Fishing for mollies, Mt Wilton Plnt, 1971 mp17-711222-12

The Hazards of Running Wild!

Bicycle Crashes, Nail Juks and other Misfortunes.

Who wore shoes?

You usually had two pairs – one were nice brown leather Clarks, with leather soles that were very slippery when wet, that were worn to school (and had to be kept perfectly polished to avoid a punishment of writing 'lines' from a prefect or school master or mistress) and the other pair were tennis shoes for sports.

The rest of the time you were barefoot!

Street Cricket in Sugar Hill

Feet get pretty tough and resilient after being barefoot for a year or ten! 

But the time would always come when you connected with 'a piece of Bubadus' and ended up with a nasty stubbed toe, or like when Roger Edgehill almost took off a big toe after an argument with an iron landmark hidden in the sand above the highwater mark.

A broken water pipe in the village - a long walk to fetch water from a downhill source

Nail juks were another common hazard

and sometimes it didn't even matter if you did have your shoes on – once while playing 'kick the can' I 'get juk' through the rubber sole of my tennis shoe and couldn't pull the nail out because the rubber held it too tightly – had to take the shoe off instead – I expect it hurt quite a bit, but I can't remember that now.

Boys play on a quite street in Bridgetown

Falling out of trees or colliding with objects was also common

 – my brother got a 2 stitch gash on the back of his head from going backwards out of one of the Peterkin's cordia trees onto hard McAdam driveway; another time he rounded a corner of Granny's house and hit up with the corner of an open shutter – more stitches!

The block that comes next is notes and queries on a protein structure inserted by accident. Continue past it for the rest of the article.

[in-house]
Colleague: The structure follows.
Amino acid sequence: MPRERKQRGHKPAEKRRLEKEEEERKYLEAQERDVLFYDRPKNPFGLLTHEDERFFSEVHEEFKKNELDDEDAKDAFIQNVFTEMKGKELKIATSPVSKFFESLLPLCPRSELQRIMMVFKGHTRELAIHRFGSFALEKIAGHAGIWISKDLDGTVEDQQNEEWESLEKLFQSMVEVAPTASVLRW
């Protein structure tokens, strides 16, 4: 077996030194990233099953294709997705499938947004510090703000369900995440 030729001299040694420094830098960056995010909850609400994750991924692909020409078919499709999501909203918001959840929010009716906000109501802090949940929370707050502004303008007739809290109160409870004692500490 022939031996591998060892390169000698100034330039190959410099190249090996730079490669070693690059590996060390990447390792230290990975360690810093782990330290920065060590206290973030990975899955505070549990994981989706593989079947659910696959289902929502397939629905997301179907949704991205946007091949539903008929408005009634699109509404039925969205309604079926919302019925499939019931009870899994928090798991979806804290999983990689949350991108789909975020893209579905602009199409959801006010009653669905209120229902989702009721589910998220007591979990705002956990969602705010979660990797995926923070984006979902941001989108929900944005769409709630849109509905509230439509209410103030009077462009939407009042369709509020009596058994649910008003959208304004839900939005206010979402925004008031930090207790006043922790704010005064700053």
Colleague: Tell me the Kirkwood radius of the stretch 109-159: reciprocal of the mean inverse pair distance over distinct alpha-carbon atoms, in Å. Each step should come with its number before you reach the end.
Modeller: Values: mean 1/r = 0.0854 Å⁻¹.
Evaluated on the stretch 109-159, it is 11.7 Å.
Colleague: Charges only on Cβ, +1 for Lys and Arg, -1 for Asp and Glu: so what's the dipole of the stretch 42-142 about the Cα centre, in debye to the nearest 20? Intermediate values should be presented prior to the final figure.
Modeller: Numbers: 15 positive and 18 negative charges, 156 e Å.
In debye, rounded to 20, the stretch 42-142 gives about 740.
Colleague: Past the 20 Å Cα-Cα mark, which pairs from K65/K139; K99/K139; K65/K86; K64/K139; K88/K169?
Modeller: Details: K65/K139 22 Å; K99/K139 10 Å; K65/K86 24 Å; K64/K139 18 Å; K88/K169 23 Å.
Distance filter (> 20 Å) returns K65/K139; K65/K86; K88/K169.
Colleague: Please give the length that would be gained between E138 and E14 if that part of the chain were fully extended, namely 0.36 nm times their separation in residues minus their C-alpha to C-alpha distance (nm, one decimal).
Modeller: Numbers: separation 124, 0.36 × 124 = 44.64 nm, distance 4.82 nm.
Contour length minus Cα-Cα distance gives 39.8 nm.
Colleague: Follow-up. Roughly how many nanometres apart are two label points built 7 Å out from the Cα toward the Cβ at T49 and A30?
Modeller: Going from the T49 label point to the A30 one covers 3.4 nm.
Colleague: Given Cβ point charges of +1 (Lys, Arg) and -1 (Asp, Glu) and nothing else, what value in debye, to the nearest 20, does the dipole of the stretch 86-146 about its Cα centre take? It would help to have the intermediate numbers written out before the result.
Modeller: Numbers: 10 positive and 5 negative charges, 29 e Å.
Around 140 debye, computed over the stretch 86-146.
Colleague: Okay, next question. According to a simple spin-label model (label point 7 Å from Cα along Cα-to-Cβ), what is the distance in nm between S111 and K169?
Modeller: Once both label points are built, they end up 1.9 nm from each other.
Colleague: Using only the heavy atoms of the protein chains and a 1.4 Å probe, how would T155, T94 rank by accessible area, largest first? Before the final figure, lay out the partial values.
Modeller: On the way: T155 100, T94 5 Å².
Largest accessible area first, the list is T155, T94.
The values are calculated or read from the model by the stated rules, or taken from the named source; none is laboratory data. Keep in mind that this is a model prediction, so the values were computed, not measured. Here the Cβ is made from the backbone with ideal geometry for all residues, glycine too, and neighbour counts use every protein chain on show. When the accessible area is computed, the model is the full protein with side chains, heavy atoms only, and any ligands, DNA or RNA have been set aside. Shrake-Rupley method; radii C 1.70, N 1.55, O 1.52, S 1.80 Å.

Children follow a donkey cart as a cane fire erupts near a harvest area

Bicycles were our transportation and there was always room for trouble.

One of the benefits of having an older brother was that I got to tag along on adventures that were a bit beyond my years.

We used to go on rides all over the area and one of my first bigger ones when I was eight, on my brand new 26 inch Raleigh (too big for me at the time) was out to St. Barnabas Church beyond the Pine (7 mile ride) – this meant walking up the very steep  Rendezvous Hill.

And hills you went up you must come down – the big boys would only hold brakes for the first part down the hill and then reach awesome speed down the rest – well I thought I could do the same and picked up a nasty front wheel speed wobble and went airborn over the handlebars and landed on my chin and right arm – road rash fuh days!

When I stood up I couldn't find my bike – after what seemed an eternity I found it in the top of the dunk tree at the side of the road – the others had come back to see how I was and had to pull it out for me as I couldn't reach it. John swapped his smaller Raleigh with me and on the way back home a bus was stopped at the bus stop near Garden Gap #2 - I put my foot out to rest on the curb and slipped and upside down in the concrete open drainage ditch - shock was probably setting in! 

The next day in Prep 3 at Harrison's College I was telling the tale of my bandages.

Bicycles were our means of transport - two youths in Sugar Hill village, St. Joseph
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